I'm not a Council employee I'm actually self employed but it still annoys me to see my money wasted on Council staff answering stupid requests just because you want to be awkward! If there are valid grounds of appeal then appeal but wasting public money on time wasting arguments and FOI requests serves no purpose whatsoever other than waste my and every other tax payers money. I wasn't rude to you or stamping my authority I was simply saving the OP wasting everyones time requesting a document a 5 year old is able to google. You are the one that said they had to prove they had passed the resolution yet have failed to indicate where this is stated in any 'law'? As with traffic orders its a public document which the OP can inspect along with thousands of other documents at Hammersmith town hall. It actually does make me laugh that you have now resorted to grasping at straws rather than credible appeals I guess Councils must be more on the ball than they used to be!

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Can I ask why you are wasting your time and effort here? The OP only posted once which was 9th May 2009.

Please Note

 

The advice I offer will be based on the information given by the person needing it. All my advice is based on my experiences and knowledge gained in working in the motor and passenger transport industries in various capacities. Although my advice will always be sincere, it should be used as guidence only.

 

I would always urge to seek face to face professional advice for clarification prior to taking any action.

 

Please click my reputation 'star' button at the bottom of my profile window on the left if you found my advice useful.

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The OP only posted once which was 9th May 2009.

Yes.

But the thread came alive again yesterday with post #4 from a new poster (NP) with a similar problem at about the same location.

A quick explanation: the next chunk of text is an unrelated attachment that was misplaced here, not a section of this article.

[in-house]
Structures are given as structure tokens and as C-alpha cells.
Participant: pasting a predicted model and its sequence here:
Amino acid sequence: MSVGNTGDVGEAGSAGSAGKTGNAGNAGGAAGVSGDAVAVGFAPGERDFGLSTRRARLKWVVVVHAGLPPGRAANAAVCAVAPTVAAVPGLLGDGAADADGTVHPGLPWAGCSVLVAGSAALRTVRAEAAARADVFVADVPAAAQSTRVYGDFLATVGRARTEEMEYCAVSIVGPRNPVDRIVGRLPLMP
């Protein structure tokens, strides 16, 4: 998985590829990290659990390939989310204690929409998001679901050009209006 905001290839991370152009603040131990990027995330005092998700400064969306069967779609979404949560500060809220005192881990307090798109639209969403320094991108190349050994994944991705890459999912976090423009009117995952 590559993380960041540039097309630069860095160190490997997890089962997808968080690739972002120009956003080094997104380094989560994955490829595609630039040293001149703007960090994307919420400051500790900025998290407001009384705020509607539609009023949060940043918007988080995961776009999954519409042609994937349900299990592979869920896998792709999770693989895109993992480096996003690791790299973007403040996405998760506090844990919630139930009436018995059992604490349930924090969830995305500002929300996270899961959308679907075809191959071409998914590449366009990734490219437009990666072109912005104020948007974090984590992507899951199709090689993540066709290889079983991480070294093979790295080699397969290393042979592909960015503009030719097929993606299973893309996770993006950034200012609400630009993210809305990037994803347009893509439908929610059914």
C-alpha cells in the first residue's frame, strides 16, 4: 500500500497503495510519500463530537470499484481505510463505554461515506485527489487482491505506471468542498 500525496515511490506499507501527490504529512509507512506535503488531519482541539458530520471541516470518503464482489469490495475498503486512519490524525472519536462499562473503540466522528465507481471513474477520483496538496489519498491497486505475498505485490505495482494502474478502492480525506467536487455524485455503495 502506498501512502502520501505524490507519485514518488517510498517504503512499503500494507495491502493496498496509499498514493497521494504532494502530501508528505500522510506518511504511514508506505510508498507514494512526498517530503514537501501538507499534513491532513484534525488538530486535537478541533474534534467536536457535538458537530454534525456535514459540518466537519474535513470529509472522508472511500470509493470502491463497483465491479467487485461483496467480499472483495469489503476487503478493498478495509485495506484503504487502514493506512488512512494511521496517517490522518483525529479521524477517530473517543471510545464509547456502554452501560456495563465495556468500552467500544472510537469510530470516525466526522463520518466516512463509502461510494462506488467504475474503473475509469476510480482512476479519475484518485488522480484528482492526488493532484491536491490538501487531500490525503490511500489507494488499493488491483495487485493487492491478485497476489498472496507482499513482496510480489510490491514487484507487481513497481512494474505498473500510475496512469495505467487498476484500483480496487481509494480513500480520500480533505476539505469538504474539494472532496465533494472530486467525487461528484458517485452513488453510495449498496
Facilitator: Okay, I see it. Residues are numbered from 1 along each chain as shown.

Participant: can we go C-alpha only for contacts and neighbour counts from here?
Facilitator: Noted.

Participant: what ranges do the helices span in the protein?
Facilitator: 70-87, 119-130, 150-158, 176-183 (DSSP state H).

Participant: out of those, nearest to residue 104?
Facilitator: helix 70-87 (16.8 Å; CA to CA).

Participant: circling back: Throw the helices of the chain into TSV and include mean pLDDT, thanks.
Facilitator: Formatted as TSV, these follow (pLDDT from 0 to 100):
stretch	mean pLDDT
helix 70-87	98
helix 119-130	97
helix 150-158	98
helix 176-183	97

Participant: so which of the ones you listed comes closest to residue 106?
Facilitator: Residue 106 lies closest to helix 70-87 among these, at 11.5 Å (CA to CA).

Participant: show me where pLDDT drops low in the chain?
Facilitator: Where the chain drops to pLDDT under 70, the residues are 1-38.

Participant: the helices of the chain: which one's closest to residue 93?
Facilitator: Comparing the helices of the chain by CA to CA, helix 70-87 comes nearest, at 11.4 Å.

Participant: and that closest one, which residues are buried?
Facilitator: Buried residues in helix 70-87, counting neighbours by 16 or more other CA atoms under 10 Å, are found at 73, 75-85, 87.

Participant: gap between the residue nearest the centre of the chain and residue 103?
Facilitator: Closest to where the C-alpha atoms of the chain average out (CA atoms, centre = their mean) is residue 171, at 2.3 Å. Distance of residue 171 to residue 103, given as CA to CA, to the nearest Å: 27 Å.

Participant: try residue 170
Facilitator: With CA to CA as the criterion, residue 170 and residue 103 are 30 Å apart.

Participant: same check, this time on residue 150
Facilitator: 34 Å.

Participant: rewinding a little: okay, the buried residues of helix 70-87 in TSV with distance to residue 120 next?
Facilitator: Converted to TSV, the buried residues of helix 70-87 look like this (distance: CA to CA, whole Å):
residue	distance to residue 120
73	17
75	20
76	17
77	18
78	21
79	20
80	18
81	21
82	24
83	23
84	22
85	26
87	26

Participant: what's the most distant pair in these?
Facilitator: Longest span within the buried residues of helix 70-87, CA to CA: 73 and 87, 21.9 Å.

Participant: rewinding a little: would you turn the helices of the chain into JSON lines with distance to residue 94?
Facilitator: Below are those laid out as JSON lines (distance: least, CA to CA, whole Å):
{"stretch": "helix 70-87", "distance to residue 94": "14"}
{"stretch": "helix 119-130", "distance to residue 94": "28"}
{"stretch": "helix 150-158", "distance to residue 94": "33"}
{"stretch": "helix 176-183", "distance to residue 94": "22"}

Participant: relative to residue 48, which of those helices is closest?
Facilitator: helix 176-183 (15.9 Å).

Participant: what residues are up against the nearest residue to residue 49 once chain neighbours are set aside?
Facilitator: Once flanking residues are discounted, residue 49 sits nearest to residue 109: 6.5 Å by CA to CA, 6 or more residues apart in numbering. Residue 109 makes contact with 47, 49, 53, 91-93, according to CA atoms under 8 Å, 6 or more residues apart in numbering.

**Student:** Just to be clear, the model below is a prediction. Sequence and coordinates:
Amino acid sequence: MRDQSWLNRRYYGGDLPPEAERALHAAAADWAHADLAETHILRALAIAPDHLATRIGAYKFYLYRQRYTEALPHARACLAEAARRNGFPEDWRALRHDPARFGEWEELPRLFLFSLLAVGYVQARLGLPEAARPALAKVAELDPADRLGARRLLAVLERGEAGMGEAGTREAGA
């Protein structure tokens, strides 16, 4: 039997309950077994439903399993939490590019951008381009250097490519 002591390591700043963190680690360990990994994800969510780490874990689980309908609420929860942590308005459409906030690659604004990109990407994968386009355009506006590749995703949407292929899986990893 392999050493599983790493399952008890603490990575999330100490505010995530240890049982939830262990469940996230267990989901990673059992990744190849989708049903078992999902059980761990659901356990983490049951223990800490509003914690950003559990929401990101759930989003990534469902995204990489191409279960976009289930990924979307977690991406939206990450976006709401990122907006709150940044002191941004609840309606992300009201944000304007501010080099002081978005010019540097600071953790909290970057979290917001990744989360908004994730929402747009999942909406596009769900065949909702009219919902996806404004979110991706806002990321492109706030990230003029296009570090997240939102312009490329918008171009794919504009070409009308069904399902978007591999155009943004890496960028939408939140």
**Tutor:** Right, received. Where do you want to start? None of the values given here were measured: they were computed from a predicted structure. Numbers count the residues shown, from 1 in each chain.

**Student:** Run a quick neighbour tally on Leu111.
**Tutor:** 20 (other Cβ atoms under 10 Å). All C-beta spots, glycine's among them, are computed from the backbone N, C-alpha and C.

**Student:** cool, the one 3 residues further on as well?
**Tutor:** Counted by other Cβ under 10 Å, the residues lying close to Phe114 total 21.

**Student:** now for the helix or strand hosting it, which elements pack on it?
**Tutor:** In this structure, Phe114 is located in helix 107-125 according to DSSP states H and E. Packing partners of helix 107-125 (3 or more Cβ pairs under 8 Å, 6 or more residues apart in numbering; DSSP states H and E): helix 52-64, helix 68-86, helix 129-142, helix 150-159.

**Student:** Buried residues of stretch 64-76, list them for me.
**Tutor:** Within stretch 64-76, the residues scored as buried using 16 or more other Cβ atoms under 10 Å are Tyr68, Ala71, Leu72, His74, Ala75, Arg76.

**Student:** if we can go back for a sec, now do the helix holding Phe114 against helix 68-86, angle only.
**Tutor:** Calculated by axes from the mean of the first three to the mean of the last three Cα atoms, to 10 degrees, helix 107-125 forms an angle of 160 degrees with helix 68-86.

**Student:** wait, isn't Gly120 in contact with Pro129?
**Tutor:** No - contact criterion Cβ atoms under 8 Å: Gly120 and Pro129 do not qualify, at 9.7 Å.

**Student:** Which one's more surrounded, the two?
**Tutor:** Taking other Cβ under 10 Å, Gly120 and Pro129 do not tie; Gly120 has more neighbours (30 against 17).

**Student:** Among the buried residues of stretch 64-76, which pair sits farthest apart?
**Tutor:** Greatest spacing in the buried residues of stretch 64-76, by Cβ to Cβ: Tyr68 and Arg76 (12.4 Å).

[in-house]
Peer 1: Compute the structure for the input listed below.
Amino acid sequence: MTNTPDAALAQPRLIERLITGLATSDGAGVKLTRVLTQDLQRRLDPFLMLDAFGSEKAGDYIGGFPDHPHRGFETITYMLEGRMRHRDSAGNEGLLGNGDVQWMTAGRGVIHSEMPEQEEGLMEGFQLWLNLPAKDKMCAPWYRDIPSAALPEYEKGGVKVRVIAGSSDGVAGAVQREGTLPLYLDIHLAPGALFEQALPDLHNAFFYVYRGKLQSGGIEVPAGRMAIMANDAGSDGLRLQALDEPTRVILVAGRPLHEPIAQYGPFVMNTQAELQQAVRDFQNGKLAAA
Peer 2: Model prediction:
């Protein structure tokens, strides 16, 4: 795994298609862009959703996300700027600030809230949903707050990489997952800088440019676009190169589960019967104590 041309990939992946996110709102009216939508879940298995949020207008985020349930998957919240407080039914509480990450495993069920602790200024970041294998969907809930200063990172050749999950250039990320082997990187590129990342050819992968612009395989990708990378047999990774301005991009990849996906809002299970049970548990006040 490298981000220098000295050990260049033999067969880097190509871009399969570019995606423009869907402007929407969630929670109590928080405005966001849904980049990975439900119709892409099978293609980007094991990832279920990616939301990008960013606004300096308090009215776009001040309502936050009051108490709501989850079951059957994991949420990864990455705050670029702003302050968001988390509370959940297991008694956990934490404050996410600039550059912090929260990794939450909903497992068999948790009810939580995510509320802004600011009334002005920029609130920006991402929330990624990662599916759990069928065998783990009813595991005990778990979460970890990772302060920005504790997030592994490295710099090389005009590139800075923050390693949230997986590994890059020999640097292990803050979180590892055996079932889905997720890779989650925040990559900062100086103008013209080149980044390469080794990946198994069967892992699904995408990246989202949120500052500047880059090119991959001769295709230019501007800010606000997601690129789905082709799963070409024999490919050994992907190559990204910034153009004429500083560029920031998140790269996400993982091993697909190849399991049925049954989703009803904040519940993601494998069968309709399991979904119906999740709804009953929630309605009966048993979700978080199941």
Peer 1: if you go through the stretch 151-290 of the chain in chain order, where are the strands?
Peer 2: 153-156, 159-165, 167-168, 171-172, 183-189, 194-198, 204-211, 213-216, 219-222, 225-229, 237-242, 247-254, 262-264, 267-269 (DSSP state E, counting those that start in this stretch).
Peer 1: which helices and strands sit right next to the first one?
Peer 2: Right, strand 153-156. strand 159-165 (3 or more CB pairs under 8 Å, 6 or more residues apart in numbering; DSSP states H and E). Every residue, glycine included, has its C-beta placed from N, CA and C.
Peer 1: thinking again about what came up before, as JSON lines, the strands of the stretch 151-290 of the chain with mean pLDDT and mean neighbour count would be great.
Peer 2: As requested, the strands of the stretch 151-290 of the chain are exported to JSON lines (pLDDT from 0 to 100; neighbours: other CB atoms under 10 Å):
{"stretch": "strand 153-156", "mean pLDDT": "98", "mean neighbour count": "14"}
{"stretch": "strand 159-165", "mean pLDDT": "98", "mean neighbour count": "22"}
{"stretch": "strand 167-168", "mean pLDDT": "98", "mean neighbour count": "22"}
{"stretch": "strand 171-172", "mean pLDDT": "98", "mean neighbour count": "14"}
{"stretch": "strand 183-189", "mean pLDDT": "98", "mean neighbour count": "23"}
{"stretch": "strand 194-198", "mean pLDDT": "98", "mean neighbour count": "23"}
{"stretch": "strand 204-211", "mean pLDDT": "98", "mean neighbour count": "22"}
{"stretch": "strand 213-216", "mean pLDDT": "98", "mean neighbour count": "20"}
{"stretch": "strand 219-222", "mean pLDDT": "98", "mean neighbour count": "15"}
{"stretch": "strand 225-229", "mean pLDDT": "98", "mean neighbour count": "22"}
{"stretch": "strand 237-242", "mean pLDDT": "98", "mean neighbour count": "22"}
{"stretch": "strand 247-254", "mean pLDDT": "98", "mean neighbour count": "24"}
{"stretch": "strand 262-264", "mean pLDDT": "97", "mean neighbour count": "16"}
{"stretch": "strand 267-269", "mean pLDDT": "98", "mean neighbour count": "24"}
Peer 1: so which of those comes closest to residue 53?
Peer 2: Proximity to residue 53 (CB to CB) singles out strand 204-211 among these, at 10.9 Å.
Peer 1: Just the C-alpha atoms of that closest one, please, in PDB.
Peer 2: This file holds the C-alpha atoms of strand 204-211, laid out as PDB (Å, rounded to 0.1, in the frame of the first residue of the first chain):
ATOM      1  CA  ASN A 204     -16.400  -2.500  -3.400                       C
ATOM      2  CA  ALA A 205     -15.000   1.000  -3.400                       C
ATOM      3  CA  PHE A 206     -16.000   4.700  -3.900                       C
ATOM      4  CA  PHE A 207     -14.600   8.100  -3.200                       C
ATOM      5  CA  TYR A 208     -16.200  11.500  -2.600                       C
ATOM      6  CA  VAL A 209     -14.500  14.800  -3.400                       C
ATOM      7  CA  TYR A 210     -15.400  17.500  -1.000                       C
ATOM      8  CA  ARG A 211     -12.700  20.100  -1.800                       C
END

Your post suggests you may now be unaware of this, which is surprising considering the first response to the NP was from someone called ... eerrrmm ... sailor sam.

 

But I do agree the hair pulling, pinching and nose waving is not really worthy of the others - nor of assistance to the OP, NP or any FP or any one else interested in the topic.

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Deleted

Please Note

 

The advice I offer will be based on the information given by the person needing it. All my advice is based on my experiences and knowledge gained in working in the motor and passenger transport industries in various capacities. Although my advice will always be sincere, it should be used as guidence only.

 

I would always urge to seek face to face professional advice for clarification prior to taking any action.

 

Please click my reputation 'star' button at the bottom of my profile window on the left if you found my advice useful.

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Yes.

But the thread came alive again yesterday with post #4 from a new poster (NP) with a similar problem at about the same location.

Your post suggests you may now be unaware of this, which is surprising considering the first response to the NP was from someone called ... eerrrmm ... sailor sam.

 

But I do agree the hair pulling, pinching and nose waving is not really worthy of the others - nor of assistance to the OP, NP or any FP or any one else interested in the topic.

 

You obviously didn't read my post (#5) properley Tony! You would of see that I advised the NP to start his own thread.

Please Note

 

The advice I offer will be based on the information given by the person needing it. All my advice is based on my experiences and knowledge gained in working in the motor and passenger transport industries in various capacities. Although my advice will always be sincere, it should be used as guidence only.

 

I would always urge to seek face to face professional advice for clarification prior to taking any action.

 

Please click my reputation 'star' button at the bottom of my profile window on the left if you found my advice useful.

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  • 1 month later...

Hi,

We have had exactly the same problem - on 22nd February. There were building works and the main entrance was fenced off (which I believe would be the BBC). We have appealled and have been sent a notice of rejection of representation, but we now attend to make an appeal to the adjudicator.

Should we pay the £60 fine now - and ask for a refund in the appeal? Problem is, we had 2 cars following each other so we have got 2 fines rather than one.

In the photographic evidence there are no evidence of No U-Turn signs on the main carriageway of Wood Lane. We turned around in the building site entrance - through the 2 bollards.

Just wondering how you have got on with your appeal?

Many Thanks